How a Novel Can Change the World

penswordEver since I was a little girl I have loved novels. A ferocious reader,  In grade school I committed myself to reading an entire fiction novel per day. I would come home from school and rush to my room brimming with excitement at the opportunity to escape into the world created for me by an author.

With each literary work I finished,  I felt a sense of awe toward its author – the book I had just read, existed only because the author had written it.

I told myself I wanted to be one of them. That one day, I too, would write novels that change the world.

Today as a grown woman,  I am only more certain in the power of a novel to change the world. Literature inspires people to see the world from a new perspective. Heroes and Heroines of great stories inspire us with their faith, their sacrifice, and their capacity to love. Living through their eyes and envisioning their greatness make us better people.

Novels grant us a look inside the most hideous of horrors within the human condition. We feel the pain inflicted by vice and cruelty.  We experience the magnificence of man in his most virtuous form. Through literature, we live a life, experience a world, and are shown acts of love beyond what we thought was possible. Novels give us hope.

Yet, when I say novels have the power to change the world,  I am not simply referring to the  content of the stories themselves, nor am I referring only to those specific and rare “great works of literature.” – but to the very act itself of reading a novel.

Readers are Empathetic. As thoughtfully discussed in the linked article, science has shown reading activates the same part of the human mind associated with expanding our capacity for empathy. Readers of novels literally have consistent practice seeing the world through another person’s eyes. It is imagination that allows us to understand what life may be like for someone else. What it may feel like to be the victim of injustice, heartache, illness, unjust imprisonment, torture, genocide, and various forms of barbaric & totalitarian regimes. This capacity is what separates us from animals. We can think ourselves into another person’s shoes. Those who read do not just have an understanding about any particular story, but because of this consistent practice in empathy, they have a greater capacity for a greater understanding of the world around them.

This perspective given to us through reading is so unique, I believe there are some things a person can not possibly know any other way than by written word. While many believe fiction is unimportant or frivolous,  it is through literary fiction we are able gain the wisdom and experience of 100 different lives. The books which have had the greatest impact on my life were not non-fiction. Being told information can certainly be useful to one’s life. But stories do not merely tell you something, they show it to you. You have the opportunity to live it. Even the bible itself, a believer’s “instruction manual” for life,  does not consist of only a long list of rules. We are not only told, but also shown a life wasted in cowardice. We are shown a life lived righteously. We learn by example, through the mistakes and victories of others.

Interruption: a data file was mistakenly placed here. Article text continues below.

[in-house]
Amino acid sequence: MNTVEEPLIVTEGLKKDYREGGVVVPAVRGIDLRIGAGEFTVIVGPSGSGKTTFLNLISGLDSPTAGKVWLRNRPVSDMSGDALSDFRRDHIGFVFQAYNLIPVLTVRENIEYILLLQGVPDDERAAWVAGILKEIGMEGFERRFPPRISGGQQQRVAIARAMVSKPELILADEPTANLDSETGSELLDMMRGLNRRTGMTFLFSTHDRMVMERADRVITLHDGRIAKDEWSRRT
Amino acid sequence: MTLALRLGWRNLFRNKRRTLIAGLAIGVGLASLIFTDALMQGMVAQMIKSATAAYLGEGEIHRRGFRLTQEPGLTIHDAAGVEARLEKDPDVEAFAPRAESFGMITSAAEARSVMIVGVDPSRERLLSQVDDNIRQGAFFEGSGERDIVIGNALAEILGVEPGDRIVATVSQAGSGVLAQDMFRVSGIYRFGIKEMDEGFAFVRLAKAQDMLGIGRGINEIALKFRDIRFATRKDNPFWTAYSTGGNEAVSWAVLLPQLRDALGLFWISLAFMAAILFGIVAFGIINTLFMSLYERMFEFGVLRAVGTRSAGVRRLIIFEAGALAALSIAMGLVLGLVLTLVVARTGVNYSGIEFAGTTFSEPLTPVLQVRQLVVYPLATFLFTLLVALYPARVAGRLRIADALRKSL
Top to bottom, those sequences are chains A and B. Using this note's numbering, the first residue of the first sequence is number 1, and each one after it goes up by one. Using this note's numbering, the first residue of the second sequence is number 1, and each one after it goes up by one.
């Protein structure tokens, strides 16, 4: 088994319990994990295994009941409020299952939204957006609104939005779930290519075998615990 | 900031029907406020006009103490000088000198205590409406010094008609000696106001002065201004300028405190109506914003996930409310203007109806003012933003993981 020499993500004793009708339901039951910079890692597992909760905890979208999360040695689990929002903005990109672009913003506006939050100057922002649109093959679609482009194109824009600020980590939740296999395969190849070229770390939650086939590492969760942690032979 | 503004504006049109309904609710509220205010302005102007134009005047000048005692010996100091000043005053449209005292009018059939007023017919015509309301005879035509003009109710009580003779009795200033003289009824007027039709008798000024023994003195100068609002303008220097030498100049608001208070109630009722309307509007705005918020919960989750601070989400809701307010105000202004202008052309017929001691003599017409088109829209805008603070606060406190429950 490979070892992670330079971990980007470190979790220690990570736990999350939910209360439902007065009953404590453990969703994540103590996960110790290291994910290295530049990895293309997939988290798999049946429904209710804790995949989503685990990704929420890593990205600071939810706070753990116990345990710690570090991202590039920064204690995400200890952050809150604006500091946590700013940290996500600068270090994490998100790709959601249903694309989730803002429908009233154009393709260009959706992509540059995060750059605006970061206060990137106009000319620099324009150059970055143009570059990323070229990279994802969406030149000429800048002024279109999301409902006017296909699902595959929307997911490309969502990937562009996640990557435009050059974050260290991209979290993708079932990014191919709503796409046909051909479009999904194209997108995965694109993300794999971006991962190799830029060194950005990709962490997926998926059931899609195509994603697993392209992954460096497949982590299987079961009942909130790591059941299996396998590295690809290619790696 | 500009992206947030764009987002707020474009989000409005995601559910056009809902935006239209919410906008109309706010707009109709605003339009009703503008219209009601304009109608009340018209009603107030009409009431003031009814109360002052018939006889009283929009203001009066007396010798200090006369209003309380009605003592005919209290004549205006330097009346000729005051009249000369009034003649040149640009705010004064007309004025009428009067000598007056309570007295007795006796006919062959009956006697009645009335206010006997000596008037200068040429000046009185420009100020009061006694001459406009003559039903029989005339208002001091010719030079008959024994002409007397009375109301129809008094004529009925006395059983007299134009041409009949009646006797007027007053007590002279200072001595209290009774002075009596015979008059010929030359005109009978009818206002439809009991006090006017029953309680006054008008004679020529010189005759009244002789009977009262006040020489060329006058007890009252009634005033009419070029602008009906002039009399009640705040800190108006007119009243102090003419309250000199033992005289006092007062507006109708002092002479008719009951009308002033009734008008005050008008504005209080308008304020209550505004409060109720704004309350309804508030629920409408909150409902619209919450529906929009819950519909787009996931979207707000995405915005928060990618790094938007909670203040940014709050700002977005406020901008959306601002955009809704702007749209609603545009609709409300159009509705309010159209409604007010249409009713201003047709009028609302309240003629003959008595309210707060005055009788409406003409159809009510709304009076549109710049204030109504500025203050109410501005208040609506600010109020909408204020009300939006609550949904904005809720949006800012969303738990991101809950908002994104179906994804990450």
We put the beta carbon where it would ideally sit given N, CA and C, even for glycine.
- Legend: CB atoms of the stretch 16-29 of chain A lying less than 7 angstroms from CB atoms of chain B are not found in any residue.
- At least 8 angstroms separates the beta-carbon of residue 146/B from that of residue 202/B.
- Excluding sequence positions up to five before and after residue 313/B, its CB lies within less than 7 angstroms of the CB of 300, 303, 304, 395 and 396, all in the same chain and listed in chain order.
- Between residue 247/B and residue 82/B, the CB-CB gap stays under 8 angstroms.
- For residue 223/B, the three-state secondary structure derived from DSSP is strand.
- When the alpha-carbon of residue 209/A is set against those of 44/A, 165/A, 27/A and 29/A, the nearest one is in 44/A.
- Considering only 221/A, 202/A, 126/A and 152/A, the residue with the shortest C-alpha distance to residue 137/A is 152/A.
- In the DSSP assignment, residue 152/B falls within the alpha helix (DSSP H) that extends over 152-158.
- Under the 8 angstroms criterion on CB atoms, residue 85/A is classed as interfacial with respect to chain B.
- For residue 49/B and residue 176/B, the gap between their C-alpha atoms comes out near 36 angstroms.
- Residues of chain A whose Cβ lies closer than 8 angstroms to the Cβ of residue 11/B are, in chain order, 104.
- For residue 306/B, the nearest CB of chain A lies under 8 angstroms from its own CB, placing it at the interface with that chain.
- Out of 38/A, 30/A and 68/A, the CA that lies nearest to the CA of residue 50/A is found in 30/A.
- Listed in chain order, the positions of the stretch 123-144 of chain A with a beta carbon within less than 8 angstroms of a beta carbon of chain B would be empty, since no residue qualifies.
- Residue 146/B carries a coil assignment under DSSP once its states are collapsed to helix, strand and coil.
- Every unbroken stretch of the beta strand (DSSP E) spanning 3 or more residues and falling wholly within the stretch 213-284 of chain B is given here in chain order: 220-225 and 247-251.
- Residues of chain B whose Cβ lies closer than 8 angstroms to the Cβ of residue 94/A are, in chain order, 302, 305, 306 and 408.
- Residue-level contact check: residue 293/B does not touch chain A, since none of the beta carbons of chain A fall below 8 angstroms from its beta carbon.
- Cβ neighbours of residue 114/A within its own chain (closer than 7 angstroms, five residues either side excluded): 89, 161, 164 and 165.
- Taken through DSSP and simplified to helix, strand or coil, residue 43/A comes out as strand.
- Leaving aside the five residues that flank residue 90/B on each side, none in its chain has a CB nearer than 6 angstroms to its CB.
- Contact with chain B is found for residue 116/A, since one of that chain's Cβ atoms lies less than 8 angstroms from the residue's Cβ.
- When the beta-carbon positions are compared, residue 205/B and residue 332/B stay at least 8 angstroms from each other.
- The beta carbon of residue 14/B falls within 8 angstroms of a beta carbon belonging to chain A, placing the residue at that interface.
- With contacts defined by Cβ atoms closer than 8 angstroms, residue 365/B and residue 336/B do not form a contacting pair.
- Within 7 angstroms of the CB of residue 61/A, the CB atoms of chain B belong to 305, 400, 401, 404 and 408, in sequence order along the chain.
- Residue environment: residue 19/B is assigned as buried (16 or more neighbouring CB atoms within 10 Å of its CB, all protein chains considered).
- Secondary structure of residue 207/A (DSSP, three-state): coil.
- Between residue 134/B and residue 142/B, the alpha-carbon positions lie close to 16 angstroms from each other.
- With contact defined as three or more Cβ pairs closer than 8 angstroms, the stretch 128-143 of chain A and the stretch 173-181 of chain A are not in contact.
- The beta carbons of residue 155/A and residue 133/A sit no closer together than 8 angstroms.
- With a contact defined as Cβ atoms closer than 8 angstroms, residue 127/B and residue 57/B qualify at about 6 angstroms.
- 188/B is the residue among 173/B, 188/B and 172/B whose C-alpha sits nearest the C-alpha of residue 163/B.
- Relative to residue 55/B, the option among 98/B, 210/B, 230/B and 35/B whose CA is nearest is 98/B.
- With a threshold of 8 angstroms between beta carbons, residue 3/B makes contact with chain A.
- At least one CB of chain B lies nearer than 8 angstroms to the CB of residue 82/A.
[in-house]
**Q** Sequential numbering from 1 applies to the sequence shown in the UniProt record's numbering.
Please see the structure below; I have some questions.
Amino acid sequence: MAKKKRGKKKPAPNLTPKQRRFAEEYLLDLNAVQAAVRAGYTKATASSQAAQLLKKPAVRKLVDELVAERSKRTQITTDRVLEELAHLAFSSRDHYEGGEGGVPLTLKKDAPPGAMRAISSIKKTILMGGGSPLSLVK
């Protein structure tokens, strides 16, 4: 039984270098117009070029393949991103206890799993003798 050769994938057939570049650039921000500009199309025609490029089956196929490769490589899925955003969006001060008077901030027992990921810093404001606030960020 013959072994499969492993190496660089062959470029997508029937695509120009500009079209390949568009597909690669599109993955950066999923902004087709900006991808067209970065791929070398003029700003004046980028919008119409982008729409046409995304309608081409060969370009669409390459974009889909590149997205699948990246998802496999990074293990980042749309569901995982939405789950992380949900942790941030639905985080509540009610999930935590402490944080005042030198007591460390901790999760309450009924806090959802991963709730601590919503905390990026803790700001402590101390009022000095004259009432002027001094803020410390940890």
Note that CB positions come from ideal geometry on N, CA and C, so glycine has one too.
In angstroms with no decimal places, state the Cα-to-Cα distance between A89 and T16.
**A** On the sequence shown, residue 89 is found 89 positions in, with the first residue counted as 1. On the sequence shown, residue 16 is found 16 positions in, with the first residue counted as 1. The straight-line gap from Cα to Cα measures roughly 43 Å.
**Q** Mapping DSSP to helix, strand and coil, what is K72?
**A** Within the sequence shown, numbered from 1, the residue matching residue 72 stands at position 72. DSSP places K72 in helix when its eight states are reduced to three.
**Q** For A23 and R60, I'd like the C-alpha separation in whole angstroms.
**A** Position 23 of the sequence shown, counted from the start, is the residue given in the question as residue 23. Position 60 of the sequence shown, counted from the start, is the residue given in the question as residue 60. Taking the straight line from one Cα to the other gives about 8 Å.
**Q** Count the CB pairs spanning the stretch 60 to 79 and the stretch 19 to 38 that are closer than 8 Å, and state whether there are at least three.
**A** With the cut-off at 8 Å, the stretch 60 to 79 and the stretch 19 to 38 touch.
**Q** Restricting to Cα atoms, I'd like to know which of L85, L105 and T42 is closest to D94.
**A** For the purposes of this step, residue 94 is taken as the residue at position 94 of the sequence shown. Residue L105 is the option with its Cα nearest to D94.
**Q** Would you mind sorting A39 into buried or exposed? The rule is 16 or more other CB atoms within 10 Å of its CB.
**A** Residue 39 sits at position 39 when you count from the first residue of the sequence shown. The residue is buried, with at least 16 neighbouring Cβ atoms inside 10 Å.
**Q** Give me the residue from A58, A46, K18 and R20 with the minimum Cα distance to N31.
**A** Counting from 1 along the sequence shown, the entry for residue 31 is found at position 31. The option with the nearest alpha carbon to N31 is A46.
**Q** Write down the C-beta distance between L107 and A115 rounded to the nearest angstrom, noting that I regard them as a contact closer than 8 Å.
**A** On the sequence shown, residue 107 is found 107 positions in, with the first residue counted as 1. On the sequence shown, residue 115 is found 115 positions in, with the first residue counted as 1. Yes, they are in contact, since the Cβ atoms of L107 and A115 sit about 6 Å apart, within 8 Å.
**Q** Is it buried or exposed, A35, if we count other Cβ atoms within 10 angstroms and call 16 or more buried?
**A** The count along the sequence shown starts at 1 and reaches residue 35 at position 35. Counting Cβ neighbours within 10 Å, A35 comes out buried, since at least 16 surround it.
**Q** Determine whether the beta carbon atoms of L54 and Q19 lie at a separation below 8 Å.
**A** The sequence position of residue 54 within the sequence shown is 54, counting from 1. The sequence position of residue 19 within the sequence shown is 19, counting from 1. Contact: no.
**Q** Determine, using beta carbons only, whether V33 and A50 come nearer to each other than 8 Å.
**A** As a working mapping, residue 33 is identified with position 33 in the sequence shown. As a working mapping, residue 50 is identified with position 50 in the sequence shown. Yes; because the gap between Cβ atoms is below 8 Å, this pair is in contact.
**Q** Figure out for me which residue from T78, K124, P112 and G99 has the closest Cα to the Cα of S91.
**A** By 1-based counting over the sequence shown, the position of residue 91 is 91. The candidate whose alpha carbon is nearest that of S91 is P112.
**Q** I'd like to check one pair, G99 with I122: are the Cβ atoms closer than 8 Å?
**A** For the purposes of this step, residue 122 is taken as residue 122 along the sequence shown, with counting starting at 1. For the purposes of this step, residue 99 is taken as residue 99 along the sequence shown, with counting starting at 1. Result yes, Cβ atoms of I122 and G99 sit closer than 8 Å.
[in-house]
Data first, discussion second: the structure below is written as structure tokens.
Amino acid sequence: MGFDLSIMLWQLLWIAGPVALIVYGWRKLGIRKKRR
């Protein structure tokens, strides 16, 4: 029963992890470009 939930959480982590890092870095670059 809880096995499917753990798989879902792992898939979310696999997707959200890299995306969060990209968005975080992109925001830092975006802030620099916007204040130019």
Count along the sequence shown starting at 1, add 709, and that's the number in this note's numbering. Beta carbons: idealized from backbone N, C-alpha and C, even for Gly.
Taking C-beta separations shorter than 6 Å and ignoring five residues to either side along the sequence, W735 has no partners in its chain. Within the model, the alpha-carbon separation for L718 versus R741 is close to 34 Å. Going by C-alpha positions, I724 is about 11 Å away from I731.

This is beautifully expressed  in  J.K. Rowling’s Harvard Commencement Speech on the importance of imagination and empathy in changing the world.

In a world marred by war, cruelty, and injustice. We have never needed the capacity for empathy more than we do right now.

Through literature, I have seen the world through the eyes of a hero, a monster, a murderer, a neurotic, a young boy, and an old woman. Through reading, we are given the unique intimate power to know the thoughts and feelings of another person, while simultaneously void of any power to influence or change who they are. This expands and strengthens our ability to entertain thoughts without accepting them.  We can better see the world through another viewpoint without adopting that viewpoint as our own. We become less threatened by the opposing views of others.

It is the readers of this world who will change it. They are the ones who utilize one of man’s singular greatest tools  for increasing our capacity to think – not only about the pain or joy within our own life, but that experienced by others. Novels increase our ability to care about the suffering endured by those drastically different from ourselves.

“Do unto others as you would have them do unto you.” is the golden rule. The act of reading a novel is in itself, an exercise in caring beyond oneself.

When our hero succeeds we feel what it is like to truly, genuinely, be as happy for another person as we would be for ourselves. We cry and feel pain when our hero suffers. We love them, we see their beauty, we wish we could comfort them. We love and see them in a way so many who are suffering in this world desperately need to be loved and seen.

This is why a novel changes the world.  The ability to transform is not exclusive only to a few select great stories throughout history. The power of transformation is in every novel, picked up by a person who  made the conscious decision to see the world through the eyes of someone else. Once we change our inner world – how we view ourselves, the people, and world around us. The world around us changes.

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